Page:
Installation view, Diana Thater: A Runaway World, Guggenheim, Bilbao, 2018

“I’m interested in the idea of the theatre and what it means to encounter an image in a theatrical setting. I want to create an experience that triggers an emotional and physical response, one that leads to a thoughtful response, to the conceptual. That’s why I make installations. You have to walk into them, so you have a very particular experience that is both physical and visual but it’s silent.”
—Diana Thater

An installation view of a work by Fred Sandback at David Zwirner, Hong Kong, in 2020.

Installation view, Fred Sandback, Untitled (Sculptural Study, Sixteen-part Vertical Construction), c. 1987/2020

Installation view, Fred Sandback, Untitled (Sculptural Study, Sixteen-part Vertical Construction), c. 1987/2020

By stretching lengths of yarn horizontally, vertically, or diagonally at different scales and in varied configurations, Fred Sandback (1943–2003) developed a singular body of work that elaborated on the phenomenological experience of space and volume with unwavering consistency and ingenuity.

The artist’s multipart vertical sculptures succinctly encapsulate the primary concerns of his practice and in particular highlight his multivalent use of the seemingly infinite vertical line.

An installation view of work by Fred Sandback at Art Basel Unlimited in 2018.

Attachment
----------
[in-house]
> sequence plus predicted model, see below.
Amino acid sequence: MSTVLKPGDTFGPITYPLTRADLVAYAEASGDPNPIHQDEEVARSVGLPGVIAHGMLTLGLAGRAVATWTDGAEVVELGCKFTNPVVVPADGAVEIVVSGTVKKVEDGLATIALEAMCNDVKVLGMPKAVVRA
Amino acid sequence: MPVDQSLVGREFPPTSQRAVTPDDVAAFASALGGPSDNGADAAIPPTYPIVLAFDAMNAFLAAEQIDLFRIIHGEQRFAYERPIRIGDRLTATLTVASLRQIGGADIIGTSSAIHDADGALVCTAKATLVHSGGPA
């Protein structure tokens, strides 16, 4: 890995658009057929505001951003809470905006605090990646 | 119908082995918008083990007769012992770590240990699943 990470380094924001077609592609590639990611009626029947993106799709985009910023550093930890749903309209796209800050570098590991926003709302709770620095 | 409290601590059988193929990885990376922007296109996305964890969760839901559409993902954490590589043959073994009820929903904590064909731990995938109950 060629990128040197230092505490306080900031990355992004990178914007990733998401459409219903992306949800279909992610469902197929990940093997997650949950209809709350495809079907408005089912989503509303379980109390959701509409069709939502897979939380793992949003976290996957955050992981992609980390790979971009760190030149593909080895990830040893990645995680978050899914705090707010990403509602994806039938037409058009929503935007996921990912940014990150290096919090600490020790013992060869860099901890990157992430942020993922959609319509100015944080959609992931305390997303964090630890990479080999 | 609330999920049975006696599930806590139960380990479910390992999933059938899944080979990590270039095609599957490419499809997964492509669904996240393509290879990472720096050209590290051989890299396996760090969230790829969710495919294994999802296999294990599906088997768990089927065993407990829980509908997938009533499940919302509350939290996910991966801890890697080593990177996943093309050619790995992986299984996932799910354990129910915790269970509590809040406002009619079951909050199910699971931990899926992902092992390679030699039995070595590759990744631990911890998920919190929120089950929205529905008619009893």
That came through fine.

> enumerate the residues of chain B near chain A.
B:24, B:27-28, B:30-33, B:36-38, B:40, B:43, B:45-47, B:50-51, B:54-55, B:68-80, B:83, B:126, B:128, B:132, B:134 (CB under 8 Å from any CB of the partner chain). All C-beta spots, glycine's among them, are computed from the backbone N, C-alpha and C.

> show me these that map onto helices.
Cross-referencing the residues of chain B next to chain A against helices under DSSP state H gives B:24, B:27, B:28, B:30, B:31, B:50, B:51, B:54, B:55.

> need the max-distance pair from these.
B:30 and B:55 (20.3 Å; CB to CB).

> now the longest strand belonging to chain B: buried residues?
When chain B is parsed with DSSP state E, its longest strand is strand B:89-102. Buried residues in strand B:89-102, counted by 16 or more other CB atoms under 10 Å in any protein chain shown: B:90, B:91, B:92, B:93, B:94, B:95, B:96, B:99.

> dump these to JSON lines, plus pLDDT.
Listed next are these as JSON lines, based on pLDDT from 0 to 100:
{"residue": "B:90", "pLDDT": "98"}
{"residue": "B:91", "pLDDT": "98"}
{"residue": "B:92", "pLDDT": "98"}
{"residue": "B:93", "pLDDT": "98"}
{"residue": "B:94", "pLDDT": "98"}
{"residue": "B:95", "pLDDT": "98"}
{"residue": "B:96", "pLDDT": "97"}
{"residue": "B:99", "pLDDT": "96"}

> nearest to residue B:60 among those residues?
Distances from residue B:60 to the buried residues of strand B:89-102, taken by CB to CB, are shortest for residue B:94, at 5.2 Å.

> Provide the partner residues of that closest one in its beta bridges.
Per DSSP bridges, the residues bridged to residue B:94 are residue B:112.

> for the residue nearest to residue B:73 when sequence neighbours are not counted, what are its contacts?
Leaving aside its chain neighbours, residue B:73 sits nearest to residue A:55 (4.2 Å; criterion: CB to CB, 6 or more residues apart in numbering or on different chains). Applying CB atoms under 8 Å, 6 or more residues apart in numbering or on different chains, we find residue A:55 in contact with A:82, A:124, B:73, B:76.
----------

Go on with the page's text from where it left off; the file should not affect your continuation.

Installation view, Untitled (Sculptural Study, Seven-part Triangular Construction), c. 1982/2011, Art Basel Unlimited, 2018

Installation view, Untitled (Sculptural Study, Seven-part Triangular Construction), c. 1982/2011, Art Basel Unlimited, 2018

An installation view of a work by Fred Sandback, called Untitled (Sculptural Study, Swcen-part Right-angled Triangular Construction), dated 1982/2010.

Fred Sandback, Untitled (Sculptural Study, Seven-part Right-angled Triangular Construction), 1982/2010. Installation view, Myth/History: Yuz Collection of Contemporary Art, Yuz Museum Shanghai, 2014. Photo by JJYPhoto

Fred Sandback, Untitled (Sculptural Study, Seven-part Right-angled Triangular Construction), 1982/2010. Installation view, Myth/History: Yuz Collection of Contemporary Art, Yuz Museum Shanghai, 2014. Photo by JJYPhoto

Sandback described his sculpture as being “…less a thing-in-itself, more of a diffuse interface between myself, my environment, and others peopling that environment, built of thin lines that left enough room to move through and around. Still sculpture, though less dense, with an ambivalence between exterior and interior. A drawing that is habitable.’’

A sculpture by Fred Sandback, titled Untitled (Sculptural Study, Sixteen-part Vertical Construction), dated circe 1987 slash 2020.

Fred Sandback

Untitled (Sculptural Study, Sixteen-part Vertical Construction), c. 1987/2020
Red, yellow, and blue acrylic yarn
Situational: spatial relationships established by the artist; overall dimensions vary with each installation
A sculpture by Fred Sandback, titled Untitled (Four-part Vertical Construction), dated 1987.

Fred Sandback